Natural Gas Industry Provides Boost to Pa. Nonprofits

Mar 22, 2016

2000 TurkeysThe Patriot News and PennLive recently reported on the positive impact the natural gas industry is having on Pennsylvania nonprofits, citing "Oil and gas development was a game-changer for nonprofits in Washington County and throughout the state."

The story reports that "Range has paid about $1.3 billion to Washington County landowners for leases and royalties." And quotes the company as saying "Even during a challenging down cycle, Range remains committed to the communities where we live and work. We're more creative in how we support these organizations, primarily through volunteer time and helping to connect area nonprofits with other resources and programs to achieve their goals...Range remains the most active corporate neighbor in Washington County. We're very proud of this work," 

The story highlights some of the nonprofits Range has the privilege of partnering with in Pennsylvania, including:

United Way of Washington County

"We were losing money every year until 2007," (Barbra Murphy, President) said.

That year the fundraisers at the United Way of Washington County were hoping the organization could attract at least $750,000 in donations.

Murphy, who was the resource development director at the time, was in charge of "shaking bushes for money."

Now she's president of the nonprofit and oversees a budget that has grown in the last nine years. It reached more than $1.5 million by June 2015.

"It makes me look like a miracle worker, and I'd love to take credit, but it was being in the right place at the right time," Murphy said.

The right place was thousands of feet above a river of natural gas, and the right time was at the start of the Marcellus Shale boom.

As profits fell and the unemployment rate soared, local charitable organizations were receiving more money. They were able to help when it was needed most, thanks to new donations from oil and gas companies.

United Way has collected nearly $1.2 million from the industry since 2007, Murphy said.

Range Resources was the first company to frack a well in Pennsylvania, and it was the first company to donate to the United Way in 2007.

"We're still doing well, even through the layoffs, these companies have not diminished their efforts," Murphy said.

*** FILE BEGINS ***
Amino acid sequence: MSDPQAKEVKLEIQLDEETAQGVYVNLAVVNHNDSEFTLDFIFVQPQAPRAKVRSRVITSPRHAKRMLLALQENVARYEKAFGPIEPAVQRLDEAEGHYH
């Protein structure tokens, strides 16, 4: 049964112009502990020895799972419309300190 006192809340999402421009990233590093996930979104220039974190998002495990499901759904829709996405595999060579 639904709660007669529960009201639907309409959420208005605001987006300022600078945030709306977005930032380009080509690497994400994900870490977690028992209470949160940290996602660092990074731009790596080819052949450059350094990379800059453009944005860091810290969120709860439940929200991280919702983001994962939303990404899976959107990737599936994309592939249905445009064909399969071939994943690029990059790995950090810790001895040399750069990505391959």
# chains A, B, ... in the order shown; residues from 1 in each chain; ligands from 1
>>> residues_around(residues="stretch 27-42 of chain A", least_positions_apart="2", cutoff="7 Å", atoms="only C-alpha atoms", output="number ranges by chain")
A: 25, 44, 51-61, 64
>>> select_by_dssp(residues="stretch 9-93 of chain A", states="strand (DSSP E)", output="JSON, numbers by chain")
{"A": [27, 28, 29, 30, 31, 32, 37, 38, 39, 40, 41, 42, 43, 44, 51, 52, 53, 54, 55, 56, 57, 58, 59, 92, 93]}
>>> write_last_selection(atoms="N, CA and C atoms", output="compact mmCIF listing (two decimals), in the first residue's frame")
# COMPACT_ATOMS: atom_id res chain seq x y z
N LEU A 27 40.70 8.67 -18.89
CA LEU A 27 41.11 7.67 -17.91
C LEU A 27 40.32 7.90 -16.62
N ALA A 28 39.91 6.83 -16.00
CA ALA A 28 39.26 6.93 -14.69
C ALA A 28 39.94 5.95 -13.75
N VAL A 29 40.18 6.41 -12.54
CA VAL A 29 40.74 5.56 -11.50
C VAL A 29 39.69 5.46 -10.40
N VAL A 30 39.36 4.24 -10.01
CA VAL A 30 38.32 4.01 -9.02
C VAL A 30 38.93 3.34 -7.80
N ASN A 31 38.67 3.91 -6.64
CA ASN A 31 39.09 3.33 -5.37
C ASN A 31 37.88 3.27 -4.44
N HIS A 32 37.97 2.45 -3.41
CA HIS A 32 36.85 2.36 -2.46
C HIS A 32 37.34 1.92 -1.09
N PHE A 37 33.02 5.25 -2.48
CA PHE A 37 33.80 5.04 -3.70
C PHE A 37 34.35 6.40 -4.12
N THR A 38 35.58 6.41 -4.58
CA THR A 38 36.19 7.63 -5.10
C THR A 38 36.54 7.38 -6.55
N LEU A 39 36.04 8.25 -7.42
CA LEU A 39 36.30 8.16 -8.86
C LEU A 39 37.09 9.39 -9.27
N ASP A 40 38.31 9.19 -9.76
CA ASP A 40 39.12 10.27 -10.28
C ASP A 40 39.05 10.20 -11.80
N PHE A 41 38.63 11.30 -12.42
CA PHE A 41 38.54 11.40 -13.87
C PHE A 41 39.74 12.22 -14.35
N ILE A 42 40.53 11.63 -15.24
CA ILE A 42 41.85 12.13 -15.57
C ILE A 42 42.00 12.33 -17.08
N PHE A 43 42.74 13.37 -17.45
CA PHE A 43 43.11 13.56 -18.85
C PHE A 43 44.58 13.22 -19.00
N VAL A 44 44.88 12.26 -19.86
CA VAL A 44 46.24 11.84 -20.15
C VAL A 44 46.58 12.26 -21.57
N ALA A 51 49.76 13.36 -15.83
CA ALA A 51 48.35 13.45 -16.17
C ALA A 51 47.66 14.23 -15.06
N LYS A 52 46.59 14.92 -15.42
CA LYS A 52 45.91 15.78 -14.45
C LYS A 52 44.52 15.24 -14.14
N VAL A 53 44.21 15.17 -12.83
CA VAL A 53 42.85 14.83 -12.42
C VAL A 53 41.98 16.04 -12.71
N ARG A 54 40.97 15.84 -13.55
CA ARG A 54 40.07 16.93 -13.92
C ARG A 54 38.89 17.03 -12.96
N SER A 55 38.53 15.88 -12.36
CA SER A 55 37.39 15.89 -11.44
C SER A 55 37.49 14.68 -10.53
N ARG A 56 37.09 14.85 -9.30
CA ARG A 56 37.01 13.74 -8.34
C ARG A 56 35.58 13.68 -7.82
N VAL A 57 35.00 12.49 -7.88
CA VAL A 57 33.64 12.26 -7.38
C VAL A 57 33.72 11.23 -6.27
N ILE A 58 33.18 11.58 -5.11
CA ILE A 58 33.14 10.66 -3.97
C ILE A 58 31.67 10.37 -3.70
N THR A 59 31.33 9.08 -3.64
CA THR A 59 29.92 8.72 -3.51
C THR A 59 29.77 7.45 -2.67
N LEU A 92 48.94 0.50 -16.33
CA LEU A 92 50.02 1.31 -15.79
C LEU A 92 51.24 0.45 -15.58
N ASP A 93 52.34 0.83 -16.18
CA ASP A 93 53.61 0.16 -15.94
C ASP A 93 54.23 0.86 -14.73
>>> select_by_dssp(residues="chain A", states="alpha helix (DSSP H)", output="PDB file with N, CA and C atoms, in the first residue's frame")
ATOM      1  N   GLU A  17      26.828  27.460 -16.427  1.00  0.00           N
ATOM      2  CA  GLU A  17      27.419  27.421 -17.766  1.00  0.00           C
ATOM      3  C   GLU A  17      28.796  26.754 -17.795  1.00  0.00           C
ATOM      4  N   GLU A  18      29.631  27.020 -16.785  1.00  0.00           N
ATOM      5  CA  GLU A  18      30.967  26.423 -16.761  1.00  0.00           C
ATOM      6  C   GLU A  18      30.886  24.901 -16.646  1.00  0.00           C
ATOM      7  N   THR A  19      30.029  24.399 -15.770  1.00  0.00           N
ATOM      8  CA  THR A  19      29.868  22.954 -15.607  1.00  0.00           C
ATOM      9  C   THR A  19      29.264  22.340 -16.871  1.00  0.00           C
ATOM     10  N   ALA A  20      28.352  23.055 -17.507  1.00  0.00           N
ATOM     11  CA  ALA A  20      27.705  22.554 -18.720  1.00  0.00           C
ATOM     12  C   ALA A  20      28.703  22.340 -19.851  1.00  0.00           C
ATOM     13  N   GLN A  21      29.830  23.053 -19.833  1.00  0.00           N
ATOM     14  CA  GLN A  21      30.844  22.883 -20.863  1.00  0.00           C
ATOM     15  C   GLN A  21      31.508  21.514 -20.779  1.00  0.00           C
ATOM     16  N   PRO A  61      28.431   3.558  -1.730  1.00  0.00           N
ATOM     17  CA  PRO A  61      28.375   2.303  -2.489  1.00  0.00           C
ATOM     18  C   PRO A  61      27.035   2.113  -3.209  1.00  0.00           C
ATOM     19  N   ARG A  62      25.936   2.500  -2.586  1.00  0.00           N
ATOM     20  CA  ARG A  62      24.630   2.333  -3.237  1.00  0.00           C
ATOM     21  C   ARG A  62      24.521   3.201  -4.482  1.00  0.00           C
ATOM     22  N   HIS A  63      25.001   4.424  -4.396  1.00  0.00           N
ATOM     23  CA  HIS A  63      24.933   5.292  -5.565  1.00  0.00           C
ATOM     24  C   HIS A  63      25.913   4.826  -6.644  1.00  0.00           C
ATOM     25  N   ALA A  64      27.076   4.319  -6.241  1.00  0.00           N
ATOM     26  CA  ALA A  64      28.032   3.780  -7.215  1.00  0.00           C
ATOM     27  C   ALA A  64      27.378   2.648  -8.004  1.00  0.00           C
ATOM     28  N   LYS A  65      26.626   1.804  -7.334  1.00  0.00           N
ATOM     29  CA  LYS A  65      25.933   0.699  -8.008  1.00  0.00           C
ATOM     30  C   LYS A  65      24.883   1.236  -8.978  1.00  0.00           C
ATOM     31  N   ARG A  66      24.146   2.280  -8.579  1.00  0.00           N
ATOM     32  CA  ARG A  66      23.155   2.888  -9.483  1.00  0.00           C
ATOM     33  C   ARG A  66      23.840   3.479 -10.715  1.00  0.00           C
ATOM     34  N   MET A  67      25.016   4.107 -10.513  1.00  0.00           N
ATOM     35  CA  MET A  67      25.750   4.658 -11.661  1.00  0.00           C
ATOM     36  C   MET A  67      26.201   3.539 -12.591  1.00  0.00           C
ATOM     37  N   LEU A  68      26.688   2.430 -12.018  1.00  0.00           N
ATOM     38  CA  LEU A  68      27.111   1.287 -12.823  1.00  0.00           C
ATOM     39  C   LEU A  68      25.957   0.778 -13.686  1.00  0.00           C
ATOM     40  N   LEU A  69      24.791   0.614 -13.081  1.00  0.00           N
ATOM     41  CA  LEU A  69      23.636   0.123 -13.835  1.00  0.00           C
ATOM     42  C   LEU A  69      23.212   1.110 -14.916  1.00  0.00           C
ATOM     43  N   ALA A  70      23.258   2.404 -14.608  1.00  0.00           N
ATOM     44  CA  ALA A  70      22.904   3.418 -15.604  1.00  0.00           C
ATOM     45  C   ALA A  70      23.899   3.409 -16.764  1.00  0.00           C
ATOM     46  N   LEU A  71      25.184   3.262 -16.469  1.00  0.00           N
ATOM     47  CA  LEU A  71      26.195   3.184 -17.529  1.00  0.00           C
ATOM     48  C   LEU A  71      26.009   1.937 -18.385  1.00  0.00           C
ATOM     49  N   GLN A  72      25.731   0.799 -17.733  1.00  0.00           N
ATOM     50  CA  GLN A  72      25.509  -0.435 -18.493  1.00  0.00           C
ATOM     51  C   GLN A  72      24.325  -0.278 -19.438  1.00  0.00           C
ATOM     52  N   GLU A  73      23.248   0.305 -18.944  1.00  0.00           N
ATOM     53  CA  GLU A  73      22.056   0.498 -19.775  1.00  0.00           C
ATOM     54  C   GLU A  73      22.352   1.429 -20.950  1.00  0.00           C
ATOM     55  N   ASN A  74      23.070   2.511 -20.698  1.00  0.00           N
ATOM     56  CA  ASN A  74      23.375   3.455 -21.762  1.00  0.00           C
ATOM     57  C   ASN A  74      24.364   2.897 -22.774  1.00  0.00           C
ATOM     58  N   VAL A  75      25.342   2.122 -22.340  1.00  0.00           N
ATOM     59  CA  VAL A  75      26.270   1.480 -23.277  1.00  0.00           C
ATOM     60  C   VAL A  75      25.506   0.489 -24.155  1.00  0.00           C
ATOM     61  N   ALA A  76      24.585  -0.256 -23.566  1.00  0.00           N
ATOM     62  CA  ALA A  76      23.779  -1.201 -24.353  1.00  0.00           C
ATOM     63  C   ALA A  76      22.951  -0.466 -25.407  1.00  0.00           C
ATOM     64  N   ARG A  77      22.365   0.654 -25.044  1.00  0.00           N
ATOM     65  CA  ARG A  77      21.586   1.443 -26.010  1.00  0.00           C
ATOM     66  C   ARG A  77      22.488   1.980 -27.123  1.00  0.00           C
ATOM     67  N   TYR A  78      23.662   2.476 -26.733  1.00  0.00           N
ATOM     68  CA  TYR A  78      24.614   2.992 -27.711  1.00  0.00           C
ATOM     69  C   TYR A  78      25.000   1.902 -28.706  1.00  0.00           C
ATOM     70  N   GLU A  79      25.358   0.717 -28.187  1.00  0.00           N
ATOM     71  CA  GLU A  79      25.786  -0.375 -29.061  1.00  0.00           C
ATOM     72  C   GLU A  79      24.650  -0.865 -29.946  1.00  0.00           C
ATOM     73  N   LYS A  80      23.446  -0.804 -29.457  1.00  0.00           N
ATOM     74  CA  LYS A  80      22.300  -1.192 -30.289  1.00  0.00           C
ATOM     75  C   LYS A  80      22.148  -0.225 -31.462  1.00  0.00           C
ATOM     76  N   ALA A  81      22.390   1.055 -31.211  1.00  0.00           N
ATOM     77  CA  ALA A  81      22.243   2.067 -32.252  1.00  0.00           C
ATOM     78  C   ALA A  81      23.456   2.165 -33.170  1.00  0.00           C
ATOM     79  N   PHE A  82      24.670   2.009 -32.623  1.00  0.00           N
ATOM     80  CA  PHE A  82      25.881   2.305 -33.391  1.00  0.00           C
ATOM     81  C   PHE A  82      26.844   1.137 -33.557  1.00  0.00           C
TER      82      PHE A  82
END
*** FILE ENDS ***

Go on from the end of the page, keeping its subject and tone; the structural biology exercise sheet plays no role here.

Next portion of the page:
Hunters Sharing the Harvest

John Plowman, the executive director of Hunters Sharing the Harvest, said industry donations have been essential to expanding the venison charity's operations – especially in underrepresented counties.

The money generated by the natural gas industry paid for additional staff members, a bigger advertising push and eliminated the $15 copay deposited by hunters dropping off deer at butcher shops, he said.

Junior Achievement of Western Pennsylvania

"We have seen a sizable decrease in funding but that has not shaken the spirit of our partnership with Range and other energy companies," said CEO Dennis Gilfoyle.

Range has contributed nearly $200,000 to Junior Achievement, and more than a dozen employees volunteer for the organization,

The money helped the nonprofit establish the JA Careers in Energy program.  

In the downturn, Range is "doing all they can to help us raise funds through special fundraising events and reaching out to other segments of the community on our behalf for support," Gilfoyle said.

Dollar Energy FundDollar Energy Fund

However, lower gas prices have made energy costs more affordable for some of the families the organization would normally serve, "thus slightly reducing the overall demand for our program," according to spokeswoman Jody Robertson.

Dollar Energy has received nearly $300,000 from the oil and gas industry. Of that, Range provided about $260,000.

Because each donation is matched dollar for dollar by utility partners, that support has resulted in about $600,000.

"The support from Range Resources specifically has been very important to Dollar Energy Fund and the clients we serve.  Their initial contribution of $100,000 to our organization in 2009 was integral in establishing a connection between the industry and the households struggling to afford basic gas service," Robertson said.

Cystic Fibrosis Foundation 

Mary Pat Joseph didn't expect that oil and gas companies would be able to continue supporting some of the nonprofits during the industry downturn – a serious concern for the Cystic Fibrosis Foundation she leads in western Pennsylvania that does "life-saving work."

"I...was very pleased to see that companies like Range Resources have made a great effort to...maintain their alliances and support levels," said Joseph, the foundation's executive director. "I can confidently state that this industry has been a consistent and caring partner to many of us in the nonprofit sector."

Washington County Fair

The millions donated helped revamp the fairgrounds and bring in bigger musical acts according to fair secretary Wayne Hunnell. For example, The Charlie Daniels Band will play at the fair on Aug. 18.

Range has contributed more than $1 million to the fair.

"Range remains the most active corporate neighbor in Washington County. We're very proud of this work," Pitzarella said.

To read more about Range's efforts visit: Community Engagement & Leadership

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